In part 2 of the Buying Cars on Ebay series, I’ll dissect an Ebay Motors auction listing which can be a little overwhelming. An Ebay Motors auction listing is very similar to any other auction listing in that it’ll have a standard set of information (mileage, transmission, trim, etc.) but it’s the description that you must make careful note of. In this particular regard, the professionalism and transparency of the auction is paramount.

The standard information is the same for all vehicles and looks similar to a book or other commodity type auction (DVDs, concert tickets, etc.). Take this auction for a 2004 Celica for example. The standard information is mileage, transmission, doors, interior, year, warranty, title, condition, engine, VIN (important!), interior and exterior color, and inspection. There is also a list of the standard and added optional equipment on the vehicle. That’s the extent of the required information.

As you can see, that auction doesn’t look as professional as this auction for a 2005 Celica GT Hatchback and the difference is the first is an auction from a private seller and the second is an auction from Precision Toyota of Tucson. Note key and critical differences.

Attribute First Auction Second Auction
# Photos 10 18
Contact Phone # Yes Yes
Words in Descr. 87 297
Terms & Conditions No Yes
Seller Individual Dealer

And that’s just the superficial details of the vehicle.

Photos are important because that’s all you get to see of a car in an Ebay auction. You want to see, at a bare minimum, two photos: one of the VIN and one of the odometer. While they can always switch it on you, at least you know they have the car in their possession. Second, the contact information is critical because before I’m going to commit this much money for anything I’ll want to talk to the seller on the phone (that’ll be for a later article).

I put in the number of words description only because the more detailed the description the better. Of the 87 words in the first auction, half was fluff and meaningless, whereas all 297 words of the second auction were descriptive (though part of that was standard specs for the Celica such as trunk space). It’s not a discriminator but it’s a sign of professionalism. If you can’t spend more than 20 minutes to put together a nice useful description of your car then how much time are you willing to spend on the other things?

Lastly, Terms & Conditions are critical in a transaction like this and they’re standard for dealership listings. Read them over very carefully because if you notice on the second auction, there’s a DOC Fees of $279.00. You had to switch tabs from General to Terms in order to see it. They’re not trying to trick you because T&C is exactly where that information will be and should be listed.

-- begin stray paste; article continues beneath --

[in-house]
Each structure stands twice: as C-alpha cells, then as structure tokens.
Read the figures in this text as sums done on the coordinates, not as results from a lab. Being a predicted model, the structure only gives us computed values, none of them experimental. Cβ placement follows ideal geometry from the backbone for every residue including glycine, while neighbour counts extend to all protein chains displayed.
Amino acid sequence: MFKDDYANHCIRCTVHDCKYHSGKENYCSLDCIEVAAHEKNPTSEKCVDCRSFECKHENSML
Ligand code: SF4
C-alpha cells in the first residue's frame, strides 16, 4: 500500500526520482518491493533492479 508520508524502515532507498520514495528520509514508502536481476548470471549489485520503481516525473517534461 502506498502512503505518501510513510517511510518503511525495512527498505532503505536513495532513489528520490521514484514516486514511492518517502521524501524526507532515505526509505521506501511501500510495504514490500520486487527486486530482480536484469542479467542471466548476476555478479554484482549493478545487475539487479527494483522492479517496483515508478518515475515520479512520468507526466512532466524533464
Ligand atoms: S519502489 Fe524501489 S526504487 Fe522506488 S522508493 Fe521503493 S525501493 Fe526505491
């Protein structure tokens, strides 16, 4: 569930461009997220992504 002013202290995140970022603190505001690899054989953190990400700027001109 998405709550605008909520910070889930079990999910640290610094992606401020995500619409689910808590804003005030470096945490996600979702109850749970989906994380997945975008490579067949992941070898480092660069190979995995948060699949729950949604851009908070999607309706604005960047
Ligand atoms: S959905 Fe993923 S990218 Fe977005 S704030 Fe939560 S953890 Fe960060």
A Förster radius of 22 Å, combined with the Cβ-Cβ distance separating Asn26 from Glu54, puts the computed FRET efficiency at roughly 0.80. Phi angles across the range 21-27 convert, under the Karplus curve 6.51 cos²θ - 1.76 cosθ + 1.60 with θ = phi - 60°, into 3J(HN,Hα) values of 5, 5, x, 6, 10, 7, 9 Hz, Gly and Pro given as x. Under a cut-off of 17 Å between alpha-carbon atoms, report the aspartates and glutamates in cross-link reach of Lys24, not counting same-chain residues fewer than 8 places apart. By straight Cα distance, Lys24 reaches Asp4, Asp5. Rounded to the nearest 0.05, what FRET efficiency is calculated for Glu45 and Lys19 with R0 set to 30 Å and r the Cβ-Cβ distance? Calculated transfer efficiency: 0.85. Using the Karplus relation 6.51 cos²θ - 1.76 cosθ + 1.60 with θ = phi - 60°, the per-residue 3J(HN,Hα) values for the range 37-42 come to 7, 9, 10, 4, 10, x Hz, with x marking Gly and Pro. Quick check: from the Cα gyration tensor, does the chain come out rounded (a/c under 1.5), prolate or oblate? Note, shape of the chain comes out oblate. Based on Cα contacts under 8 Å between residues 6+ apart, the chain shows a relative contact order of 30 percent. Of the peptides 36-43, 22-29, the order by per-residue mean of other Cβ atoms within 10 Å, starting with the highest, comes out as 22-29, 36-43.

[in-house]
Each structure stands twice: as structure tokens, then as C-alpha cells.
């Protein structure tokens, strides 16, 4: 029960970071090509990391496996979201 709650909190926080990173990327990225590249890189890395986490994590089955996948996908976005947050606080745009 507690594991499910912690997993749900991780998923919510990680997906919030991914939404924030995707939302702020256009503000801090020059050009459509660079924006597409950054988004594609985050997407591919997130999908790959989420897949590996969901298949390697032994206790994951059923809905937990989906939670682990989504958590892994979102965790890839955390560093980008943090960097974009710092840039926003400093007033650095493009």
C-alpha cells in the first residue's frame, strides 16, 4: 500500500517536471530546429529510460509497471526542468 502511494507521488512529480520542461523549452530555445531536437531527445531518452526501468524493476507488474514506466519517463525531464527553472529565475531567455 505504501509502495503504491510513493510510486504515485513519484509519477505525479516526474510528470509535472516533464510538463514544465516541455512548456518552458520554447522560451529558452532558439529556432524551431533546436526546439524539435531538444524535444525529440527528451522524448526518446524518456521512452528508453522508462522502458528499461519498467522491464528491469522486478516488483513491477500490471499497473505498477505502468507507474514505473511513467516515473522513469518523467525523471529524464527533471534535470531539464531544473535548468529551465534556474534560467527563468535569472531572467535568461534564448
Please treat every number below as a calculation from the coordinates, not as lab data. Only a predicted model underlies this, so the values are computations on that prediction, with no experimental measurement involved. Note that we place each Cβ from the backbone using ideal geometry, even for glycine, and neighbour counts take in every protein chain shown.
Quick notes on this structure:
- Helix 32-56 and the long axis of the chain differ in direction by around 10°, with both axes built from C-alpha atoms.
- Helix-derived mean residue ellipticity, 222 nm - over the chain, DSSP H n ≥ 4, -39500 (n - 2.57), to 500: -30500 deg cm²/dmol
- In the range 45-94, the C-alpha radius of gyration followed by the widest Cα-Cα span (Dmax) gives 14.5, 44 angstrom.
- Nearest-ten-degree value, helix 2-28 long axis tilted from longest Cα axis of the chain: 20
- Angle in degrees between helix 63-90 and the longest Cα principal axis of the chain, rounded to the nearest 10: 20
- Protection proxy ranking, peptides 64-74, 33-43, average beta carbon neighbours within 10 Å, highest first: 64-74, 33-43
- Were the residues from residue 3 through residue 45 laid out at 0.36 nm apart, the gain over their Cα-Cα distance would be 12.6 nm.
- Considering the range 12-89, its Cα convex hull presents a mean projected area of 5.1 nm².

Read over a whole bunch of auctions to get a feel for the types of information given. A lot of private party auctions will have some personal information (I’m selling because I’m moving, my girlfriend dumped me, etc.) but that’s not obviously as important as the specs of the car. If you’re tentative about shelling out so much on an auction, remember that you can always limit your search to vehicles being sold by dealerships.


 Cars 
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Buying Cars on Ebay: Vehicle Choice & Research

This is Part 1 on the Buying A Car On Ebay Series and this one goes through the process of pricing research so that you’ll know how to take advantage of Ebay. I’ll identify what I considered the three “markets” of used vehicles, help pricing vehicles, and how to take advantages of the differences between the different markets. This step isn’t specifically Ebay-related and should be the first step in any car buying process.

With the advent of online car buying research sites, finding the price of your target vehicle is relatively straightforward. If you break up the pool of used vehicles, you’re limited to a dealer used vehicle and a private party used vehicle (coincidentally, these are categories of pricing available on Kelley Blue Book). Within the private party used vehicle, you have local and long distance sellers. In the past, long distance wouldn’t be an option but with the growth of these sites and of Ebay, buying a used car long distance is now easier (albeit with a bit of added risk).

For the discussion below, I’ll be looking solely at Toyota Celica’s made within the last five years (2000 – 2005).

Dealer Used Vehicles
Price will always be higher but risk will be lower (a typical tradeoff).
1. Check CarMax – CarMax reminds me of the Best Buy for used and new vehicles. They have a no haggle price and are very friendly, they aren’t like the horror stories you hear about dealerships with a lot of pressure. At one point I asked what CarMax’s commission structure was and the sales clerk told me!

Here are some sample prices (for Laurel’s CarMax or locals with $0 transfer fee, what appears when you click that link will probably be different as their inventories obviously changes):

Year Make/Model/Trim Price Trans Miles
’02 Toyota Celica GT $13,599 Auto 73k
’03 Toyota Celica GT $16,998 Auto 20k
’03 Toyota Celica GT $16,998 Manual 21k
’02 Toyota Celica GT $12,998 Auto 71k
’04 Toyota Celica GTS $19,599 Manual 26k